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Authors: Christopher David Petersen

Tear In Time

BOOK: Tear In Time
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Tear in Time

 

Christopher David Petersen

 

Copyright 2011 Christopher David
Petersen

 

 

 
 

 

TT:
Chapter 1

 

 

Chattanooga,
Tennessee

Alton Park
region

June 8th,
2005

 

Life and
destiny stood for one last moment, perfectly synced in time. Never again would
the world see the past as they remembered, as one death would change the
world’s destiny forever.

 

--- --- ---
--- ---

 

  Trae
Williams leaned to one side as he sat on his mother’s decrepit front porch and
watched his sister play in their front yard. Lena Williams, an energetic
eight-year-old, raced back and forth across the worn lawn as she chased after
tiny moths that had hidden themselves on the blades of grass. With each swipe
of her hand, she expertly snatched the tiny white targets out of midair, then
released them back to the world safely.

 

  “Oh
yeah! Trae, did you see that?” Lena asked proudly.

 

  “Damn
Le, you’re like a ninja or something,” Trae replied.

 

 
Beaming with pride, Lena replied, “Too bad Mom can’t see my skills.”

 

  “She’s
working, Le. She’ll be home in a couple hours. Maybe you can show her then,”
Trae answered.

 

  “Mom’s
always working,” Lena said disapprovingly, then added, “Too bad we don’t have a
dad like Sharice’s, next door. Then Mom could stay home too.”

 

  “Le,
you do have a dad. He just don’t come around no more… and Sharice’s mom don’t
work ’cause she’s lazy,” Trae replied as delicately as he knew how.

 

  Lena
stopped running and sat down next to Trae.

 

  “Do
you ever see your dad, Trae?” Lena asked sincerely.

 

  “Not
for a long time. Not since before he went to prison. That was before you were
born,” Trae replied.

 

  “Oh,”
Lena said simply. “Do you miss ’im?”

 

  “Nah. He
wasn’t around much, even before he got sent up,” Trae answered.

 

  “Well,
I miss my dad,” Lena replied.

 

  “Damn,
Le, you never even seen ’im before. How could you even miss ’im?” Trae blurted
out in quick reaction.

 

  “I
just do, Trae…  I’m sure he misses me too,” Lena replied.

 

  Trae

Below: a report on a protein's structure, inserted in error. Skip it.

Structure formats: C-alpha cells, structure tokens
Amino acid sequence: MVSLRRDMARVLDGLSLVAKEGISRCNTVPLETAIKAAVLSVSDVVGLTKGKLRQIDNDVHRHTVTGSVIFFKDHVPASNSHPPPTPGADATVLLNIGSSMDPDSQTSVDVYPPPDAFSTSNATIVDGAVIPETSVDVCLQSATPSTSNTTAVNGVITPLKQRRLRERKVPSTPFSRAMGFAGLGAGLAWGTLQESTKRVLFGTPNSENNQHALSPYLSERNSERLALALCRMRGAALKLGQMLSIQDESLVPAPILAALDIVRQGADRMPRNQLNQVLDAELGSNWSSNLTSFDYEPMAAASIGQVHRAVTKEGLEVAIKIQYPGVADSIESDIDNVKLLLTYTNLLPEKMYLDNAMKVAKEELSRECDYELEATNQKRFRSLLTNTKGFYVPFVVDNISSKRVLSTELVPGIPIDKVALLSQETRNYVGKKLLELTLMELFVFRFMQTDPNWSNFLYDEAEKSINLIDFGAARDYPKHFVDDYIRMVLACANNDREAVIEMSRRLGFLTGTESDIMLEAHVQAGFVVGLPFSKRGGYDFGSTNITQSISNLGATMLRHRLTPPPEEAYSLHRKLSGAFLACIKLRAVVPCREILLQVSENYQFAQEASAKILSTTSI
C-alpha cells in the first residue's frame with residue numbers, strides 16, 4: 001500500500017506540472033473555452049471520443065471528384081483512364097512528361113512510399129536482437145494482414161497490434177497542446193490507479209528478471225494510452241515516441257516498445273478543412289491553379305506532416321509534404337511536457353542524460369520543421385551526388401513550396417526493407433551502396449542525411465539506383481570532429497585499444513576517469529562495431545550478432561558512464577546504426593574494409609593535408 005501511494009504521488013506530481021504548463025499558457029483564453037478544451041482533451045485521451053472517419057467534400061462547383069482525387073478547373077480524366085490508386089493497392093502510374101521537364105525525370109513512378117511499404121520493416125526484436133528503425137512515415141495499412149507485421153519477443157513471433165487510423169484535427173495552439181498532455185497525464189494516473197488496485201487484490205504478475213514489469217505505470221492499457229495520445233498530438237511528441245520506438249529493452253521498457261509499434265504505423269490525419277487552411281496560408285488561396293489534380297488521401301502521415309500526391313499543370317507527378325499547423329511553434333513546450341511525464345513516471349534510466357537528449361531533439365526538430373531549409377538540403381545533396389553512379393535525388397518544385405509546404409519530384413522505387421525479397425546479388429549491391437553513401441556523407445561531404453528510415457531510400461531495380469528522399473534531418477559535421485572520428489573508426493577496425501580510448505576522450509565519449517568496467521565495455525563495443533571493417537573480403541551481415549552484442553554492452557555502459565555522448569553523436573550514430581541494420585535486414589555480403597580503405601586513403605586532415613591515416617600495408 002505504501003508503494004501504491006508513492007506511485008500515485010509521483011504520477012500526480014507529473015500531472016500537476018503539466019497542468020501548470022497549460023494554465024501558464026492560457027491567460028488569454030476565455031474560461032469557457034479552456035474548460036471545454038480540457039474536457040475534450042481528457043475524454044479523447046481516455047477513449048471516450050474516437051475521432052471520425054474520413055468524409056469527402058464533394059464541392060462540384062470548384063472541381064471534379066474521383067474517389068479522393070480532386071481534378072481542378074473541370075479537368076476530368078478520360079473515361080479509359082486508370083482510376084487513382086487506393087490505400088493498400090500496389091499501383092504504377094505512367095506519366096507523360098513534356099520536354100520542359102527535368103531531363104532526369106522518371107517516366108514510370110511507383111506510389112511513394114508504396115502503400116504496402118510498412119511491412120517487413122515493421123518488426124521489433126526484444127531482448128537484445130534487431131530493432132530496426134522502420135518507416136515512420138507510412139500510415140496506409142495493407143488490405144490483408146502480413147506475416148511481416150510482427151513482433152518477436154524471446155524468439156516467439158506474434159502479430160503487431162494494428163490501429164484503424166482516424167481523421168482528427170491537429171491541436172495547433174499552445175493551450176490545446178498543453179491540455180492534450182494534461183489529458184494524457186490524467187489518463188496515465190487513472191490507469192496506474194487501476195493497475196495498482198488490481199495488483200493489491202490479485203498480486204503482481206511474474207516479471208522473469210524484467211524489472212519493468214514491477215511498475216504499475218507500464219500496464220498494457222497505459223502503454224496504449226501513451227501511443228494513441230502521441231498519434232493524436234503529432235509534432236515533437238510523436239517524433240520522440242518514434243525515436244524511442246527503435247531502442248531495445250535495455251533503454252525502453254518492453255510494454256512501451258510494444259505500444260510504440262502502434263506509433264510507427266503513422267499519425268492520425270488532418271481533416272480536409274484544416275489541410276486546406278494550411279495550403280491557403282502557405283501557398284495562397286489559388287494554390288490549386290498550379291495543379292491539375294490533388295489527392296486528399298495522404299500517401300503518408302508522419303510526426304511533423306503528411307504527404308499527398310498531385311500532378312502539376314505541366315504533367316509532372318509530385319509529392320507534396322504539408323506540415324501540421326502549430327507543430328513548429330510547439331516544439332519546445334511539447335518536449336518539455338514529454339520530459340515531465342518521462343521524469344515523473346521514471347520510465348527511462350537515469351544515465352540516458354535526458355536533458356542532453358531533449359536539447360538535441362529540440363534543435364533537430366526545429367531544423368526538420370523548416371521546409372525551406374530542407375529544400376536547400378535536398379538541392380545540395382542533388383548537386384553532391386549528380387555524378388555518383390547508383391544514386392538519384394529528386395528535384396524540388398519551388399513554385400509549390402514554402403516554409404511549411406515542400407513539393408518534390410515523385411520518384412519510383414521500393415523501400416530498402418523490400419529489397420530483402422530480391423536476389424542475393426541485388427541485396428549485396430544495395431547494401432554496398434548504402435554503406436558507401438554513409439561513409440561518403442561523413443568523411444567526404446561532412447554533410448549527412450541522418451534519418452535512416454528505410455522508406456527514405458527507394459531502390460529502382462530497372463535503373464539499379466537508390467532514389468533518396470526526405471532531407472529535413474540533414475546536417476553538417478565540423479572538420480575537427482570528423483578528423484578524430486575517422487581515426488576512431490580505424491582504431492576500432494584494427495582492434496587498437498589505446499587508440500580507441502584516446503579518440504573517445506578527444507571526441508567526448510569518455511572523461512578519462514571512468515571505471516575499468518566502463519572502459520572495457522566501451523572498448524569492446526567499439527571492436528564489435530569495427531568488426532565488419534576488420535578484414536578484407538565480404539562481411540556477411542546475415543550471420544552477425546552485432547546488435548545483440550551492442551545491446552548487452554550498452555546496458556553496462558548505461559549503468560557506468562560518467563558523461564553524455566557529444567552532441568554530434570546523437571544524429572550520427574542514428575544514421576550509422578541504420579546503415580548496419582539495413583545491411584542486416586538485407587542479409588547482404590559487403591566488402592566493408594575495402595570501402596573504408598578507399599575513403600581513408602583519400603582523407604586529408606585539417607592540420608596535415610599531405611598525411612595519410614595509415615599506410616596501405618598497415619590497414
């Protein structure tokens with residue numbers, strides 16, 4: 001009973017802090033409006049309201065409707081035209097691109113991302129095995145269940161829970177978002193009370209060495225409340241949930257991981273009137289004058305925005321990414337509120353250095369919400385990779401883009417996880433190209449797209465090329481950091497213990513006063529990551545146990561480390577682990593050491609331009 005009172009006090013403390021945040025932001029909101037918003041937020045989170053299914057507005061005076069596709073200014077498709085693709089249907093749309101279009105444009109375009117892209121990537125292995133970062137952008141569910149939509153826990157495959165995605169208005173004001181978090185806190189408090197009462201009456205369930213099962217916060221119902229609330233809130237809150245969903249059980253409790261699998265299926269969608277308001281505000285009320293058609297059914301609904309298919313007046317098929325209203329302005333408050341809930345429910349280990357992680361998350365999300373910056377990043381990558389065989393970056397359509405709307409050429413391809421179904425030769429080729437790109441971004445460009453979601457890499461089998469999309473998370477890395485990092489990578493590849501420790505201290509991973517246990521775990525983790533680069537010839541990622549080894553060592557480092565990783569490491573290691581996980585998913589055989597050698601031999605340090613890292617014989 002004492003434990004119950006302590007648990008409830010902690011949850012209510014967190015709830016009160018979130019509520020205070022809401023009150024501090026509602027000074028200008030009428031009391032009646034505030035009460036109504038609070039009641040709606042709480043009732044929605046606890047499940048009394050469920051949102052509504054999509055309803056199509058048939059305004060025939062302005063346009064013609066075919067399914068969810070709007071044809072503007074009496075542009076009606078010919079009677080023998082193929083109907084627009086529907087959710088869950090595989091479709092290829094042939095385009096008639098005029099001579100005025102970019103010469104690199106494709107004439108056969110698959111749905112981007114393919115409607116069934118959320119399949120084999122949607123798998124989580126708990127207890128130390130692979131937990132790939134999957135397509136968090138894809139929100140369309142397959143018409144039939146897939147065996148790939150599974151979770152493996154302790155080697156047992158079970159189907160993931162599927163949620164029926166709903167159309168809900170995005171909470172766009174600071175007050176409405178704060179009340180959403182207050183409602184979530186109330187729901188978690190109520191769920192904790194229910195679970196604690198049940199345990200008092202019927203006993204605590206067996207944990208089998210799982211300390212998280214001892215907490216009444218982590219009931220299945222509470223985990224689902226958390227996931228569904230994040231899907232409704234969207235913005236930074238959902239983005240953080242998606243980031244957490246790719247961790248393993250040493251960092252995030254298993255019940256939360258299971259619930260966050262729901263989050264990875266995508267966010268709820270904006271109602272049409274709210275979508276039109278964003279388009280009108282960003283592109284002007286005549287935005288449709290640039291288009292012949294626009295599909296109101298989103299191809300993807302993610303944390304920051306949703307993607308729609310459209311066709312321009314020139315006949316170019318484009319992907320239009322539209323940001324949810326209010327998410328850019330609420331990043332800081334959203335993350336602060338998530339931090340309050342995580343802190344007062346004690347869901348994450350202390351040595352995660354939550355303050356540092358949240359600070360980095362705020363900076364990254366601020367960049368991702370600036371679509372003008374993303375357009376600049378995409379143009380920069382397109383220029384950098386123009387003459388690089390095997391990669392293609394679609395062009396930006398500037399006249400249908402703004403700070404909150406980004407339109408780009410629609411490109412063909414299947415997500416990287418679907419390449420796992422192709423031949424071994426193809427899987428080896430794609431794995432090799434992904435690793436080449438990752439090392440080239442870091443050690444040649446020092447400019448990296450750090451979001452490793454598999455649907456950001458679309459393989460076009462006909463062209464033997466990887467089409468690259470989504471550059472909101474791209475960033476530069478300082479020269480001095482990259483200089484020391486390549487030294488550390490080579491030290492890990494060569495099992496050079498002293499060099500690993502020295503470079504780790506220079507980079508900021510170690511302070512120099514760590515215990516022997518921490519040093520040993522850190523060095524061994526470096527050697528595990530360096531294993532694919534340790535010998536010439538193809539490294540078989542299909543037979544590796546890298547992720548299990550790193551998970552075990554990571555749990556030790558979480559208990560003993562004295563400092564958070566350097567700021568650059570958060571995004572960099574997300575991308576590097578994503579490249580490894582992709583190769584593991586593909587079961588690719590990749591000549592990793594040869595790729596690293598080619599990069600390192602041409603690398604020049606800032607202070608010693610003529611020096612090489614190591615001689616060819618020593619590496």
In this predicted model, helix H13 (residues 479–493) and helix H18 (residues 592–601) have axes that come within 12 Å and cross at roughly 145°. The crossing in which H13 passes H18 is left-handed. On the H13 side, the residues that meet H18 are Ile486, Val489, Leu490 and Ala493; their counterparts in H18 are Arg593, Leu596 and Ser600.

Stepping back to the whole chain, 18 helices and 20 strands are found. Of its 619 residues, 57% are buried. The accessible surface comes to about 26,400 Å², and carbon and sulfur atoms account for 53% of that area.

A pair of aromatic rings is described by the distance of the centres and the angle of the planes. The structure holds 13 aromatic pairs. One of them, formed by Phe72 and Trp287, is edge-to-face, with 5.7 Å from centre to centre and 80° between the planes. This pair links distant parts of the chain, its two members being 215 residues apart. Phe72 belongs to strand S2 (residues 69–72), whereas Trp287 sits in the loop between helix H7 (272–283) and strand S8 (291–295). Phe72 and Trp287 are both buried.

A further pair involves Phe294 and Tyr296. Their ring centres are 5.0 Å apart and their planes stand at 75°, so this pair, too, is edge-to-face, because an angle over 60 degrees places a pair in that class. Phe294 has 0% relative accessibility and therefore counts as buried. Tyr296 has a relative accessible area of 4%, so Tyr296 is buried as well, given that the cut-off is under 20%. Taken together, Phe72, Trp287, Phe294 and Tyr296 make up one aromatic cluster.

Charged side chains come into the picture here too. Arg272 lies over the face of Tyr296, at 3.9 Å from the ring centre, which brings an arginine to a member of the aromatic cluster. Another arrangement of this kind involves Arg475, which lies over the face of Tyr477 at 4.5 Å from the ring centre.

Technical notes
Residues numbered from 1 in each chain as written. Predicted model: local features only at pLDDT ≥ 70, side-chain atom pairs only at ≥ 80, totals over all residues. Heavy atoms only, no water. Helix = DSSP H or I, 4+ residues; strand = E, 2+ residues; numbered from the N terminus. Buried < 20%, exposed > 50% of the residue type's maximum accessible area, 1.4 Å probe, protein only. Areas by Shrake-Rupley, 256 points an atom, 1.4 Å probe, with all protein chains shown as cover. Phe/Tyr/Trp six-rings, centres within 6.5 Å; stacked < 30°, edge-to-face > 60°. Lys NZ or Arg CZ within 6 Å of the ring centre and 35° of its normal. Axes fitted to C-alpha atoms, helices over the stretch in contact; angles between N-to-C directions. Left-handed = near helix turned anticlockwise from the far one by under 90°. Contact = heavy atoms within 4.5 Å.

knew his sister was hurting from her father’s rejection. Hoping to take her
mind off her pain, he searched for anything to distract her.

 

  “Hey,
Le: check out those moths over by the street. Bet you can’t catch ‘em all,”
Trae said, with a challenging smirk.

 

  “Bet I
can,” Lena replied, laughing.

 

 
Immediately, Lena sprang to her feet and darted to the edge of the road, both
hands sweeping through the air as she lunged for more moths.

 

  Trae
watched her for a moment, then became distracted as an older Buick with faded
paint slowly drifted toward the stop sign at the beginning of their street.
Unremarkable at first, the long length of time spent at the stop sign made the
old sedan a conspicuous sight.

 

  Trae focused
more of his attention on the car. Something just wasn’t right. He squinted hard
as he tried to see through the darkened, tinted windows, but it was of no use.
The occupants remained a mystery.

 

  Trae
began to feel uneasy. The old Buick was literally parked at the stop sign for
what now felt like an eternity. He glanced over to Lena, then back at the
suspicious car. A knot in the pit of his stomach began to grow.

 

  “Le,
come here for a minute,” Trae said in nervous tone.

 

  “Just
a minute, Trae. I almost caught ‘em all,” Lena replied, indifferent to the
world around her.

 

  Trae
saw the brakes release from the old Buick, then quickly stop again, almost as
if by accident. He looked up the street to see if the vehicle had intended on
pulling out but reconsidered due to another passing car. Strangely, there were
no other vehicles in sight.

 

  “Lena,
come here,” Trae said.

 

 
Hearing Trae use her full name, Lena stopped and stared at her brother for a
moment. She could see the peculiar look spread across his face as he turned
back toward the mysterious Buick.

 

  “Trae,
what’s the matter?” Lena asked innocently.

 

 
“Dunno. That car’s been there a while. Maybe you should go in the house for a
minute,” Trae replied, now feeling the anxiety of the moment.

 

 
“Ahhh,” Lena sounded out in protest. “I don’t want to go inside. It’s just a
car, Trae. Besides, I can take care of myself,” Lena stated proudly.

 

  “Uh
huh, sure you can… just get in the house,” Trae responded bluntly.

 

  “Just
one more m.…” Lena began, but was cut short by the revving of the Buick’s
engine.

 

  “LENA,
GET IN THE DAMN HOUSE NOW!” Trae shouted loudly.

 

 
Suddenly, aggressively, the old Buick released its brakes and stormed around
the corner. With tires squealing and smoke billowing from behind the car, the
old sedan charged up the street toward them.

 

  “Oh
no,” Trae murmured to himself, almost in sobbing tone.

 

  With
little time to react, Trae sprang to his feet and hurried toward his sister. Lena
stood paralyzed in confusion. She knew something was wrong, but was too young
and naive to fully understand Trae’s actions.

 

  Trae
watched in horror as the Buick’s dark tinted windows began to lower. In
seconds, his worst fears were realized as the occupants extended their guns out
from the windows. With deafening sound, their automatic weapons came to life.

 

  As
bolts of white light streaked from the ends of the gun barrels, Trae lunged for
Lena, knocking her to the ground. He instinctively rolled on top of her to
protect her as a hail of bullets tore up the ground around them. As the faded
Buick roared past, Trae and Lena lay motionless on the front lawn, their minds
and bodies unable to react.

 

  As